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FRANCIS LANCELOTT, ESQ. Queens of England. Vol.1.


Sir John Froissart's Chronicles of England, France, Spain and the Ajoining Countries from the latter part of the reign of Edward II to the coronation of Henry IV in 12 volumes 

Chronicles of Enguerrand De Monstrelet (Sir John Froissart's Chronicles continuation) in 13 volumes 

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Queens of England. Vol.1.
page 100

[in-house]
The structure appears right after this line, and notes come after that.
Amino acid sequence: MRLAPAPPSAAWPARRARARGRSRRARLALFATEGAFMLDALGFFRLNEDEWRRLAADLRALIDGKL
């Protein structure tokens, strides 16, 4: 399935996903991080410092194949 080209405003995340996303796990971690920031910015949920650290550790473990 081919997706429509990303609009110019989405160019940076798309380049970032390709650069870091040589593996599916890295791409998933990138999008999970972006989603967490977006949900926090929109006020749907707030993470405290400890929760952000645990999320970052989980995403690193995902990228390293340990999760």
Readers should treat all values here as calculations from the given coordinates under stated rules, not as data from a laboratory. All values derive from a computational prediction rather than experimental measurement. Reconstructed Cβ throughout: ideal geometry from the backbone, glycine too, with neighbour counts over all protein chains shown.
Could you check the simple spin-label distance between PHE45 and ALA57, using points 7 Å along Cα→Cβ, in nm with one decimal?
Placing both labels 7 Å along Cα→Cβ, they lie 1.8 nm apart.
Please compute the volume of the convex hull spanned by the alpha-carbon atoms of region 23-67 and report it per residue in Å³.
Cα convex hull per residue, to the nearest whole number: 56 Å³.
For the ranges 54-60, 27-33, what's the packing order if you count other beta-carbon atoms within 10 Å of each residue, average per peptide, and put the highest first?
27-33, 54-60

ISABELLA OF ANGOÏÏLEME, (Êntin nf 3nl;ti CHAPTER ι. Parentage of Isabella—In ner childhood she is betrothed to Hugh de Lusignan— Xing John divorcedfrmn the bride of his early choice—He falle in love with Isabella—Causes her to be abductedfrom Count Hugh, and marries her—Challenge of Hugh de Zusignan—Isabella comes to England with John—Her coronation—Power —She resigns herself to feasting and pleasure—Confederacy against John—Isabella accompanies her husband to Normandy—John captures Count Hugh and other illustrious personages at the battle of Mirabel—Returns to England with his prisoners, many of whom are starved to death—Count Hugh liberated—Tyranny and cruelty of John—Terrible fate of the de Braose family—Royal drapery establishment—Mean attireof Isabella—Costly dress of John—His conjugal infidelity—•Jealousy—Isabella imprisoned—Restored to her husband*s affections—Her children. ; SABELLA OF AN- GOULEME, one of the most beautiful women of her times, was the only child of Ailmar, Count of An goulême, and Alice de Courtenay, a descendant from Louis tho Sixth of France. Of the early portion of her life but little is known, save that she was born about the year J185, and whilst yet a child, betrothed to Hugh de Lusignan, by some writers surnamed Le Brun. This Hugh was rich and brave, and being the eldest son of Hugh the Ninth, Count de la Marche, and sovereign of French Poitou, the province forming the northern boundary of Aquitaine, his power was considerable, as his father, who entertained great affection for him, could, whenever he pleased, by virtue of his authority as marcher, or protector of the border, and without waiting for the consent of his lord paramount the King of France, summon to his standard all tho feudal militia of the southern French provinces. Isabella became the Queen of England under circumstances alike discreditable to her parents and her royal husband. Immediately on his accession, King John was divorcedfrom the bride of his early choice, Avisa, the fairest of the three daughters of Robert, Earl of Gloucester. To Avisa he hadheen betrothed about ten years, but she being his c&usin, although illegitimate, the church prohibited him from living with her, on pain of excommunication. Scarcely was the sentence of divorce pronounced, when, attracted by the fame of the beauty of the Princess of Portugal, he sent an embassy to that land of sunshine, to seek her hand. Meanwhile he proceeded in person to his transmaritime possessions, to arrange important state matters, and receive the homage of his vassals. "When he reached Aquitaine, Isabella, as was the custom of the age, was residing in a castle of

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